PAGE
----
What changes for the sale of equity stake in overseas companies
Studio TCL explains the effect of the new tax regime enforced on foreign corporations
Pursuant to 2018 Budget Law, a 26% alternative tax has also been enforced on capital gains and dividends arising from the sale of qualified shares (currently only applied on non-qualified shares) even if held in foreign companies. The new measures shall be enforced as from January 1st, 2019.
Regarding the sale of shares held in foreign companies by single individuals or non-trading entities (as well as ordinary partnerships) residing in Italy, however not holding these stakes as registered firms: if they are qualified shares, the alternative tax on capital gains will be set at 26%, thus replacing former IRPEF progressive rate imposed on part of the company's gain, essentially equal to 49.72% on capital gains arising before December 31st, 2017 and 58.14% on capital gains arising from January 1st, 2018.
The problem appears on taxes paid abroad when capital gain arising on the sale of these shares is charged in Italy at 26% alternative tax: in this specific instance the recovery of taxes paid abroad is not allowed. This fact occurs when no Agreement to avoid double taxation has been negotiated between the two Countries or the existing Agreement empowers the Country where the gain was generated to impose capital gain taxes: the sale of shares between companies registered in Italy and France, whose bilateral Agreement envisages capital gain taxation in both countries, is quite a common practice. If the capital gain arising from the sale of qualified shares is generated in 2018, it will increase taxpayer's aggregate income (pursuant to the existing Act to be enforced until December 18th, 2018) and therefore 58.14% of the foreign tax will be deducted from the Italian capital gain tax; conversely, as from January 1st, 2019, taxes paid abroad will no longer be deductible, being the capital gain subject to alternative tax: in essence foreign income will not increase aggregate income in Italy and tax credit will not be allowed.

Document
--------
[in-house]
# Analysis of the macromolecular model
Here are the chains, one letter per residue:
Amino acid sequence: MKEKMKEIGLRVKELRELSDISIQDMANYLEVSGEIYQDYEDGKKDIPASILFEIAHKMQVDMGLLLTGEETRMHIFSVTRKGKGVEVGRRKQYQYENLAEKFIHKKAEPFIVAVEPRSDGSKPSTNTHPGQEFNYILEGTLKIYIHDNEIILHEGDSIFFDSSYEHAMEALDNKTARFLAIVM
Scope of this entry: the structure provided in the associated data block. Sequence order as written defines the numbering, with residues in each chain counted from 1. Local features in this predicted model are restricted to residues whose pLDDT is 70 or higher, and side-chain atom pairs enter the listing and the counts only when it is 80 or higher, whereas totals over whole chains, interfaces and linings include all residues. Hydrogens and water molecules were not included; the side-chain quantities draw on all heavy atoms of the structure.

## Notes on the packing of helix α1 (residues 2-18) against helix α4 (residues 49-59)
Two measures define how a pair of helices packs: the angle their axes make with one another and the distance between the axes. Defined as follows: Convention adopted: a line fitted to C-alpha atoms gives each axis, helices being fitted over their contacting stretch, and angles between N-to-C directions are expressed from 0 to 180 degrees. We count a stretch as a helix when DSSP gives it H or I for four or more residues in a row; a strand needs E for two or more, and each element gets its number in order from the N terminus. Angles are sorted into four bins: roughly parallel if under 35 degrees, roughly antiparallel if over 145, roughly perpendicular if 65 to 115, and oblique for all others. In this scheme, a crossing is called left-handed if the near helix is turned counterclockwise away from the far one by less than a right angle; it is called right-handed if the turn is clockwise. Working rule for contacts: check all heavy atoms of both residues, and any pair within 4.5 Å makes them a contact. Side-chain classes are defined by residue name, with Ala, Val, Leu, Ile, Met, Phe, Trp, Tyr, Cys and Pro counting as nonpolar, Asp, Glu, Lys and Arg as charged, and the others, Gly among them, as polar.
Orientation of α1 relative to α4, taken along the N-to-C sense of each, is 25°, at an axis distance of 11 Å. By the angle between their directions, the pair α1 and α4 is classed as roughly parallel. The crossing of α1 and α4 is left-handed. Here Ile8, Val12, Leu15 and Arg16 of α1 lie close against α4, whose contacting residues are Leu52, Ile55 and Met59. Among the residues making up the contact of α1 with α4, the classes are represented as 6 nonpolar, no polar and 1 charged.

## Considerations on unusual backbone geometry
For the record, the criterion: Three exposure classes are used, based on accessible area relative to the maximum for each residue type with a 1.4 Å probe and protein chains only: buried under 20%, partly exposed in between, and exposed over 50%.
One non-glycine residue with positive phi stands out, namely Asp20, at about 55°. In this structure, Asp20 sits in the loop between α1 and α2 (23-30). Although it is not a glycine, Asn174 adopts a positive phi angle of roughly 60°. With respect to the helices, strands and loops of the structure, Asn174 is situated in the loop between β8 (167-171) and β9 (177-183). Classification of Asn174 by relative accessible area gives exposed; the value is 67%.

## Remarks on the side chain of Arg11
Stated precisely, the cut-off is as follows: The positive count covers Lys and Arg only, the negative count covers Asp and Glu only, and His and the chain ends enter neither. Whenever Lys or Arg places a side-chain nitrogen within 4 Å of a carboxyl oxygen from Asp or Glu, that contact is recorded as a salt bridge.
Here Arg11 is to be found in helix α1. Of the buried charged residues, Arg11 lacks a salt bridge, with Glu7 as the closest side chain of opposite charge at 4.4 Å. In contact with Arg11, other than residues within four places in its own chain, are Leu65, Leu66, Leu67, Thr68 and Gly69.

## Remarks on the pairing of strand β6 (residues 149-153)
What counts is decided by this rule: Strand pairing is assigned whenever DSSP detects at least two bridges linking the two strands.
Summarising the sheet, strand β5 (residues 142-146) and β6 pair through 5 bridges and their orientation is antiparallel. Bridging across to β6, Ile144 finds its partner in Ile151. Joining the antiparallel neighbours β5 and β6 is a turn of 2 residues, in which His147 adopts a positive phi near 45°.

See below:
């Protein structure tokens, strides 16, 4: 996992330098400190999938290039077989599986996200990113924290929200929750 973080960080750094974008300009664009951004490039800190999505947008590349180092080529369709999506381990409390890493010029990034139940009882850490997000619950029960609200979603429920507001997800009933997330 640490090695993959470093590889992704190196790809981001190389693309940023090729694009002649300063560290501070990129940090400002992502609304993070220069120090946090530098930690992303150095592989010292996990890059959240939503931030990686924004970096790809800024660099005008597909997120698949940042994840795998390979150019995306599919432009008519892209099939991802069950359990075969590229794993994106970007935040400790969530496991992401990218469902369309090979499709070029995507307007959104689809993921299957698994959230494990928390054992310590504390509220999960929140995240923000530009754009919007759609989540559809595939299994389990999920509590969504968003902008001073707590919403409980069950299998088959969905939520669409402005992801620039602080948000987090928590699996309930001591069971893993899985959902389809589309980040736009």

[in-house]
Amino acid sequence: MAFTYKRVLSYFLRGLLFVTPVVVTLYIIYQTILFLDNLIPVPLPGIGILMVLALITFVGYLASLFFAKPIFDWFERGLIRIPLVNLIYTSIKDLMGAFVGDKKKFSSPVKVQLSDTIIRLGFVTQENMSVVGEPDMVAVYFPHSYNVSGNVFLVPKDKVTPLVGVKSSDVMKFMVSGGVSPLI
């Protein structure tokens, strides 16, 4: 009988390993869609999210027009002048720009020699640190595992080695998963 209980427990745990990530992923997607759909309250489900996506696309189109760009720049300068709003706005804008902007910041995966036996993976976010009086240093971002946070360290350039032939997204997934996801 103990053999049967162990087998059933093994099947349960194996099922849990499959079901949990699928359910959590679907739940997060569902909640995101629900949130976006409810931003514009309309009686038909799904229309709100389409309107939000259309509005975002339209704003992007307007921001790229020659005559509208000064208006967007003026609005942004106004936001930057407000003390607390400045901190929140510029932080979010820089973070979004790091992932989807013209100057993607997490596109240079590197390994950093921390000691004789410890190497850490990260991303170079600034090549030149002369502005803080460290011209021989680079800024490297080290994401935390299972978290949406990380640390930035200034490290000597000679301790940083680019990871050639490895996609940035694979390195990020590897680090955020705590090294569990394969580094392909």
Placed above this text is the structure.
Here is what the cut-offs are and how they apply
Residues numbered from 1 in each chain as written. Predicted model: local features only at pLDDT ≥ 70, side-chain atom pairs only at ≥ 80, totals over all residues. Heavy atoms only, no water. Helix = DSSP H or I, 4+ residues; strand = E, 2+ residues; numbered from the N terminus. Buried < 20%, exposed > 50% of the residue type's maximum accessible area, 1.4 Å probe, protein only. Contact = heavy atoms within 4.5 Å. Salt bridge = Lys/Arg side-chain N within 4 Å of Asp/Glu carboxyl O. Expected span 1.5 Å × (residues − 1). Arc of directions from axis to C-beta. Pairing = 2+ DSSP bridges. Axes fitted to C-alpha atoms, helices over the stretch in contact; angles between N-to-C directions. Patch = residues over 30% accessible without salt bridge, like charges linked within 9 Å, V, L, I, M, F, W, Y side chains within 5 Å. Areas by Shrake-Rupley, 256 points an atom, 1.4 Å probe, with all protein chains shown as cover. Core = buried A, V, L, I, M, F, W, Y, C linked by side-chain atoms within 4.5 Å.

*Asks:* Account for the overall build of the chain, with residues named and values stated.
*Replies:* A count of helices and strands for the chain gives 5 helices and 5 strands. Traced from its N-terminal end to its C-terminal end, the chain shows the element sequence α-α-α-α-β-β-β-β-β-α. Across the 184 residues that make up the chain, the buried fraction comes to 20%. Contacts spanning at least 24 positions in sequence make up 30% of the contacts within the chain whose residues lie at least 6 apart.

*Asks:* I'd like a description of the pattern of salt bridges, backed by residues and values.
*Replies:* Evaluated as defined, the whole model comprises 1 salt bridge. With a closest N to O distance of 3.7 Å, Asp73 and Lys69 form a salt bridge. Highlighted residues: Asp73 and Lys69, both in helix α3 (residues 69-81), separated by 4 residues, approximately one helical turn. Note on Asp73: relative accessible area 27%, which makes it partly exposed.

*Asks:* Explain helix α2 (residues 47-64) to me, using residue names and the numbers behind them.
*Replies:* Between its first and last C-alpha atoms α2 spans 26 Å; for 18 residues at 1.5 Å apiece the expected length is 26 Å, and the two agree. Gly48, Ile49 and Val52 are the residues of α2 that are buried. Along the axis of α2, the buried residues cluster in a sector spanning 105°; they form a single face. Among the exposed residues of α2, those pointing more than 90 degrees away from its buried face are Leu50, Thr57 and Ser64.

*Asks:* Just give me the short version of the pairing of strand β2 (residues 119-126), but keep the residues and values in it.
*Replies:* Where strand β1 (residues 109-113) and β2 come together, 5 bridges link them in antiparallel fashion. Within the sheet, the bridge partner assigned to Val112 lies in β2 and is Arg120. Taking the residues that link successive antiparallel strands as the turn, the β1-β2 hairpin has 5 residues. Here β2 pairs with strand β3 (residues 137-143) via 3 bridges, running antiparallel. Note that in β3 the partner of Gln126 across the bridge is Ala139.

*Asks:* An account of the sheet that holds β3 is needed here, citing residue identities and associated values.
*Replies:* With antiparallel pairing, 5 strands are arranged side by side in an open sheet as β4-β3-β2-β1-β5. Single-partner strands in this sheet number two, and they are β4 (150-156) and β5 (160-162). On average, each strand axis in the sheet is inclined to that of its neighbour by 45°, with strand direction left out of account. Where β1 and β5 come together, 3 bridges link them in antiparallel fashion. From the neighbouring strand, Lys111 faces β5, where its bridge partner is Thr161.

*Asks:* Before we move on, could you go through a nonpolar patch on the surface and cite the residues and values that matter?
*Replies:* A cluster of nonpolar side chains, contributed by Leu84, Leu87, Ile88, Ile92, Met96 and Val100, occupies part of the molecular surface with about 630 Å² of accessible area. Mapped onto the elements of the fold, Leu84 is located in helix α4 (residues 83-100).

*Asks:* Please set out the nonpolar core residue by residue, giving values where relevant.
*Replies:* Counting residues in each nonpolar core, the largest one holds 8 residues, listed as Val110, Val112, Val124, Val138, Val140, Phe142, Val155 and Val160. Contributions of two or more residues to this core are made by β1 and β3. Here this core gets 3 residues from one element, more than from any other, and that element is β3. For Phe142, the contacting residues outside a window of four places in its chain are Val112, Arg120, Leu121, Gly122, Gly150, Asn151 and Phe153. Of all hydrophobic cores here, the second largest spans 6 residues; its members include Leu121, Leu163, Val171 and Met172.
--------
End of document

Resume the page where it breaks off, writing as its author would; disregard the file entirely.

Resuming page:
Furthermore, the closing date of the sale is a key element: capital gain is generated when shares have been formally transferred. Accordingly, if the sale was sealed by December 31st, 2017 and by then the payment was received, tax rate would be charged (in 2017) at 49.72%; vice-versa, if the sale was closed by December 2017 but the payment was settled in 2018, capital gain would still be subject to former tax regime but charged in 2018. In essence, if we consider the sale of a qualified share whose closing date results in 2018, taking for granted that payment was received in the same year, tax rate would be charged (in 2018) at 58.14%; conversely, if the sale was closed in 2018, but payment received in 2019, tax rate would still be charged at 58.14% although pertaining to financial year 2019.
In essence, the effects of the new regulation will only appear on sales negotiated after January 1st, 2019.
PKF - Studio TCL Tax Consulting Legal
www.studiotcl.com – www.pkf.com
Genoa – Milan